AsianScientist (Dec. 8, 2018) – A Southeast Asian nation well-known and loved for its breathtaking tropical beaches and ornate Buddhist temples, Thailand is also home to a vibrant scientific scene.
Behind Thailand’s tourism-driven economy is a government which understands the importance of investing in research and development (R&D) to push the country forward. In fact, its National Science, Technology and Innovation Policy Office (STI) has projected that by the end of 2018, Thailand’s R&D investment will amount to one percent of its GDP, with intentions to increase research expenditure to 1.5 percent of GDP by 2021.
Correspondingly, the number of researchers in Thailand is increasing gradually, and data from STI shows that there are about 1,700 scientists for every million people in Thailand. While this figure is among the lowest in the Southeast Asian region, it is important to note that Thailand fares well when it comes to gender equality in the science sector, with women comprising half of its scientific talent pool.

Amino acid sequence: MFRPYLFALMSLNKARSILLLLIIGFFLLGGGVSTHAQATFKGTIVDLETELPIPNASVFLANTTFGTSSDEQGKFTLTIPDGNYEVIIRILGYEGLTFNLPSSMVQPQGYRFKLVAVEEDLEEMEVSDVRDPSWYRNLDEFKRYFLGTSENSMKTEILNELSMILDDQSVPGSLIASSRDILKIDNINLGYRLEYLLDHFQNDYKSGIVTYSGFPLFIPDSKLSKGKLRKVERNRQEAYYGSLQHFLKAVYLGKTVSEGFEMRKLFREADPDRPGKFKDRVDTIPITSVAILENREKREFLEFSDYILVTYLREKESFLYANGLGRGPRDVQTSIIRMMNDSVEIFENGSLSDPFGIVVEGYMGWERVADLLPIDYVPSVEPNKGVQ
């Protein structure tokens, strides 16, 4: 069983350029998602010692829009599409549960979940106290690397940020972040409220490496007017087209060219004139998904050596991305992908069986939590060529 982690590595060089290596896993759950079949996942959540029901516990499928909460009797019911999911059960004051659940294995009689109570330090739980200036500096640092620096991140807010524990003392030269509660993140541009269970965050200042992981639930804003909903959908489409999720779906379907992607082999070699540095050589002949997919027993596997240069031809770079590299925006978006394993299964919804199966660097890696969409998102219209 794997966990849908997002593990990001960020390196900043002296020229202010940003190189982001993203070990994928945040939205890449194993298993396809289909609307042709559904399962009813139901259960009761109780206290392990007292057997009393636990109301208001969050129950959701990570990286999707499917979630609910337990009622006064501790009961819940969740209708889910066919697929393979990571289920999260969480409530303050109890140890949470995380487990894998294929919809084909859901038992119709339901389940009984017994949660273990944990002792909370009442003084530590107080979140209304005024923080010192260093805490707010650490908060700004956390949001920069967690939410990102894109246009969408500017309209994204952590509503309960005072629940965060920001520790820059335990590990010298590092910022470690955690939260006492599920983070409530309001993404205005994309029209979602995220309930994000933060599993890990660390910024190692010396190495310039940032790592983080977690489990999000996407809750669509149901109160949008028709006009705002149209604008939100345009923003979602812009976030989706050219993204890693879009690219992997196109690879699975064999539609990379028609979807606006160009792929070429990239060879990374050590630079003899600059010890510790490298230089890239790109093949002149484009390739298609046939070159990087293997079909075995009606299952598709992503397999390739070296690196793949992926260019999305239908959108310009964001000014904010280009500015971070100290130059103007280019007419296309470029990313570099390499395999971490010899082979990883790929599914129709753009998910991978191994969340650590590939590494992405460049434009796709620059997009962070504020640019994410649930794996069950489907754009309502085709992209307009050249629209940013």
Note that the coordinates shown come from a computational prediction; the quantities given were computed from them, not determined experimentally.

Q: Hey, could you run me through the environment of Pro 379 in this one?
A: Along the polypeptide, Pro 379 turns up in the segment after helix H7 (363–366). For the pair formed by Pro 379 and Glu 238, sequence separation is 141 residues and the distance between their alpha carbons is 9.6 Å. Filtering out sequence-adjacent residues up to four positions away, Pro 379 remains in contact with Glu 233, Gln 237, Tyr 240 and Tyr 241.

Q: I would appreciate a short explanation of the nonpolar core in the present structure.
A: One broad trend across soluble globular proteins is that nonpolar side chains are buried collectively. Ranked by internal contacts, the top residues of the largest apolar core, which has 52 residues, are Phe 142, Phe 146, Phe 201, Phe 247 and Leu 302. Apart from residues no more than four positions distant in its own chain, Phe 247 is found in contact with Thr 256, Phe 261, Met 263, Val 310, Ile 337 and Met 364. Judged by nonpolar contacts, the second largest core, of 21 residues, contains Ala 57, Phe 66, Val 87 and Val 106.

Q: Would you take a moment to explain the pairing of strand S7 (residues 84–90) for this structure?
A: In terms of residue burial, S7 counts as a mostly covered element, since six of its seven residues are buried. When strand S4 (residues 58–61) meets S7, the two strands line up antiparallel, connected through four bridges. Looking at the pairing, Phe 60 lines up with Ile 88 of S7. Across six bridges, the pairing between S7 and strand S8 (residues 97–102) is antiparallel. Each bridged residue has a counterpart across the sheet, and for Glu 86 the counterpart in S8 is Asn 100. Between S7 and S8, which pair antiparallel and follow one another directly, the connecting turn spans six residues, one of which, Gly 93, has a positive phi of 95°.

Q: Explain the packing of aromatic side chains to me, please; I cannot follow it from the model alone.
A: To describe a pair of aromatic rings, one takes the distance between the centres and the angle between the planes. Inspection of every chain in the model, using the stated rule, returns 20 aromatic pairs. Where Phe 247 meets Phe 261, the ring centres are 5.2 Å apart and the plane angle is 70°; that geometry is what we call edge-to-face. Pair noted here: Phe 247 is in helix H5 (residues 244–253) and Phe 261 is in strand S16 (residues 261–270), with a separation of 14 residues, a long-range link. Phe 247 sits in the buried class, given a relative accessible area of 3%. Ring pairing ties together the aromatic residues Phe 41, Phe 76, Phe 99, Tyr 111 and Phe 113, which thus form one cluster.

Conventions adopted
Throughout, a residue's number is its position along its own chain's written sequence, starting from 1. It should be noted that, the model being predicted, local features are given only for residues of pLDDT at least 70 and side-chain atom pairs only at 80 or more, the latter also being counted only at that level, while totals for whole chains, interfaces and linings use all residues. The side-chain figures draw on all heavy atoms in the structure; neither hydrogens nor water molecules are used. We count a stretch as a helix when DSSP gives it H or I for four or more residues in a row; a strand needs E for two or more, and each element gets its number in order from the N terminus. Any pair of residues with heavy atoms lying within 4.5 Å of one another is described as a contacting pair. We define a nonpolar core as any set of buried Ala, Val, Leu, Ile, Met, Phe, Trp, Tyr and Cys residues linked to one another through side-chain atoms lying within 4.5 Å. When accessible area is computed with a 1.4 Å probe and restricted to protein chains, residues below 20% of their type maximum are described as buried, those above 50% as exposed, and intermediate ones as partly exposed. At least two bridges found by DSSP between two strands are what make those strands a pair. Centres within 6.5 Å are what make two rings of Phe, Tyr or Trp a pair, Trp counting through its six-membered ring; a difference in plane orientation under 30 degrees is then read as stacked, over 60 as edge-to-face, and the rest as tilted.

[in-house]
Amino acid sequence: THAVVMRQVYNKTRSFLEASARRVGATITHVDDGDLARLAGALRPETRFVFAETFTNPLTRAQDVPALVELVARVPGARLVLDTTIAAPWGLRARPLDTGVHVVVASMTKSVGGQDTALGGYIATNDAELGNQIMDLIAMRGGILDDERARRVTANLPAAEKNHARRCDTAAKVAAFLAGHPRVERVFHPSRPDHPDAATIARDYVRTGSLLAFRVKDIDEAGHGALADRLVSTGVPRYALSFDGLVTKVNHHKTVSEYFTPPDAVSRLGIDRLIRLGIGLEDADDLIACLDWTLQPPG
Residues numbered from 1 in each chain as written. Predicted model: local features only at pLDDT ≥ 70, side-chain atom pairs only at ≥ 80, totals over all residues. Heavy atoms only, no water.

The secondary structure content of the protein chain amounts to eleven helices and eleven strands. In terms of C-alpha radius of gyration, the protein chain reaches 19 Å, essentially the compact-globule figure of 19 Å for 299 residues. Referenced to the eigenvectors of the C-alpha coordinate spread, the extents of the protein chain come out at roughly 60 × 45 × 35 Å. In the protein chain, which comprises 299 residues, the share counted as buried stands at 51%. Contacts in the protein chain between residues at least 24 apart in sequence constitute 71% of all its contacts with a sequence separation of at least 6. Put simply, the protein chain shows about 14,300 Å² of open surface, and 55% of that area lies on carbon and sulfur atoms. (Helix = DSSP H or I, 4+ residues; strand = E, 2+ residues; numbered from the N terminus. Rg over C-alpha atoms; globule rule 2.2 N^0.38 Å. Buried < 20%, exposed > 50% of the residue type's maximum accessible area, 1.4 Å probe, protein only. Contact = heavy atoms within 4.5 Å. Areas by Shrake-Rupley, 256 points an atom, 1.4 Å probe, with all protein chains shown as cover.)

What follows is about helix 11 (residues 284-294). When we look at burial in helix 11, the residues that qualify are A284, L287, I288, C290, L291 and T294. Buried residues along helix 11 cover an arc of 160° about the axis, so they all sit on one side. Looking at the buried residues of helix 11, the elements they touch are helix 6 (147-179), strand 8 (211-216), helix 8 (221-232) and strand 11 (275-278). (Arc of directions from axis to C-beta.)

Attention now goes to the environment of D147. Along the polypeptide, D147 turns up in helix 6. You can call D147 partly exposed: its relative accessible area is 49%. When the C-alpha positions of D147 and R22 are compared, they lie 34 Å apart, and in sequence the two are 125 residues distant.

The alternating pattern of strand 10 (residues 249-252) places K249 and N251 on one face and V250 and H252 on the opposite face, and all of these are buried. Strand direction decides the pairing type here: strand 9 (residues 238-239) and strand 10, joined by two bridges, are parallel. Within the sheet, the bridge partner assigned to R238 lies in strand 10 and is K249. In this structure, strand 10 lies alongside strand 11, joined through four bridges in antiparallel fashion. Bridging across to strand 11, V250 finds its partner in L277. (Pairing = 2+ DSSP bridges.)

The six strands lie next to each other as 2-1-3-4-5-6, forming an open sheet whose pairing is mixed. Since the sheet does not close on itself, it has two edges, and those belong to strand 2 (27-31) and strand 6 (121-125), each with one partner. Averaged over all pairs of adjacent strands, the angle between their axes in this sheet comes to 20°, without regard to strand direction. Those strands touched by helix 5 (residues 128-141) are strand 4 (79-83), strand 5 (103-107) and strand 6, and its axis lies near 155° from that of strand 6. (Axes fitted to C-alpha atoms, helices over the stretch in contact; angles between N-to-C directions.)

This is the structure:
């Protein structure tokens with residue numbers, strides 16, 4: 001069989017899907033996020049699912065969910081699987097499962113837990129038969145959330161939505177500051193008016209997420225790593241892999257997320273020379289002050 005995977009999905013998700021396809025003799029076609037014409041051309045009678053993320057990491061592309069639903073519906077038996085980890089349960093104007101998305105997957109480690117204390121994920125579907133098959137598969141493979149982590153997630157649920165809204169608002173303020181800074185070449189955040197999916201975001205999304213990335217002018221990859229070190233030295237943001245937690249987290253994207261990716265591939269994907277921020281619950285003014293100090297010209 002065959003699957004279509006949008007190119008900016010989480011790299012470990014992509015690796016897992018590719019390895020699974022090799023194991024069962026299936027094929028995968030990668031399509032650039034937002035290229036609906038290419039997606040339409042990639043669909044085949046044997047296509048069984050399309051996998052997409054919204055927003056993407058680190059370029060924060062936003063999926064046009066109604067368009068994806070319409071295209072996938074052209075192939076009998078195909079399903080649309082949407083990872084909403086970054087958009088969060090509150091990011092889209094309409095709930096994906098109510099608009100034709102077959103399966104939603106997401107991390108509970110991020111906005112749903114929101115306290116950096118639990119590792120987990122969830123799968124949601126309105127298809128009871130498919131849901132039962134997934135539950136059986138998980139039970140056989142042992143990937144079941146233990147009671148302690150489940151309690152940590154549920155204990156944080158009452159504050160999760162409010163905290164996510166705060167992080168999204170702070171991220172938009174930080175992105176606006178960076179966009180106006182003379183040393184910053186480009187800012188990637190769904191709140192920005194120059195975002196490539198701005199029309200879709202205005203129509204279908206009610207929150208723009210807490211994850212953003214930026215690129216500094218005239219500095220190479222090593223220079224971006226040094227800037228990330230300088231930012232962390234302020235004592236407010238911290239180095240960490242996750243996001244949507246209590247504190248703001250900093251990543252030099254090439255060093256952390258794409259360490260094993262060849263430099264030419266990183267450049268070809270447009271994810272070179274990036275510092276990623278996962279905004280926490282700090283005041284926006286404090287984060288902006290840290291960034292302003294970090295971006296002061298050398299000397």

We feature here some of the top scientists helping science thrive in Thailand.
- Pimchai Chaiyen
Chaiyen, who won the 2003 L’Oréal Thailand For Women in Science Award, received the 2017 L’Oréal Woman Scientist Crystal Award for her research into a cleaner way to produce chemicals.
- Pussana Hirunsit
Hirunsit won the 2017 L’Oréal-UNESCO For Women in Science National Award for her research on environmentally friendly nanocatalysts.
- Anchalee Manonukul
For her work on powder metallurgy, Manonukul received the 2017 L’Oréal Woman Scientist Crystal Award, a special award commemorating the 15th anniversary of the L’Oréal-UNESCO for Women in Science Awards in Thailand.
- Varodom Charoensawan
Charoensawan received the 2017 Young Scientist Award from the Foundation for the Promotion of Science and Technology under the Patronage of His Majesty the King for his bioinformatics research.
- Marisa Ponpuak
Ponpuak received the 2017 L’Oréal-UNESCO For Women in Science Fellowship for her research on autophagy aimed at finding new drugs for malaria and tuberculosis.
- Napida Hinchiranan
Hinchiranan was awarded the 2017 L’Oréal-UNESCO For Women in Science Fellowship for her studies on using natural rubber to create value-added products.
- David Ruffolo
Ruffolo received the 2017 Outstanding Scientist Award from the Foundation for the Promotion of Science and Technology under Royal Patronage for his research on global radiation and cosmic rays, including a computer program that can predict the effects of solar storms on Earth.
Copyright: Asian Scientist Magazine; Photo: Pexels.
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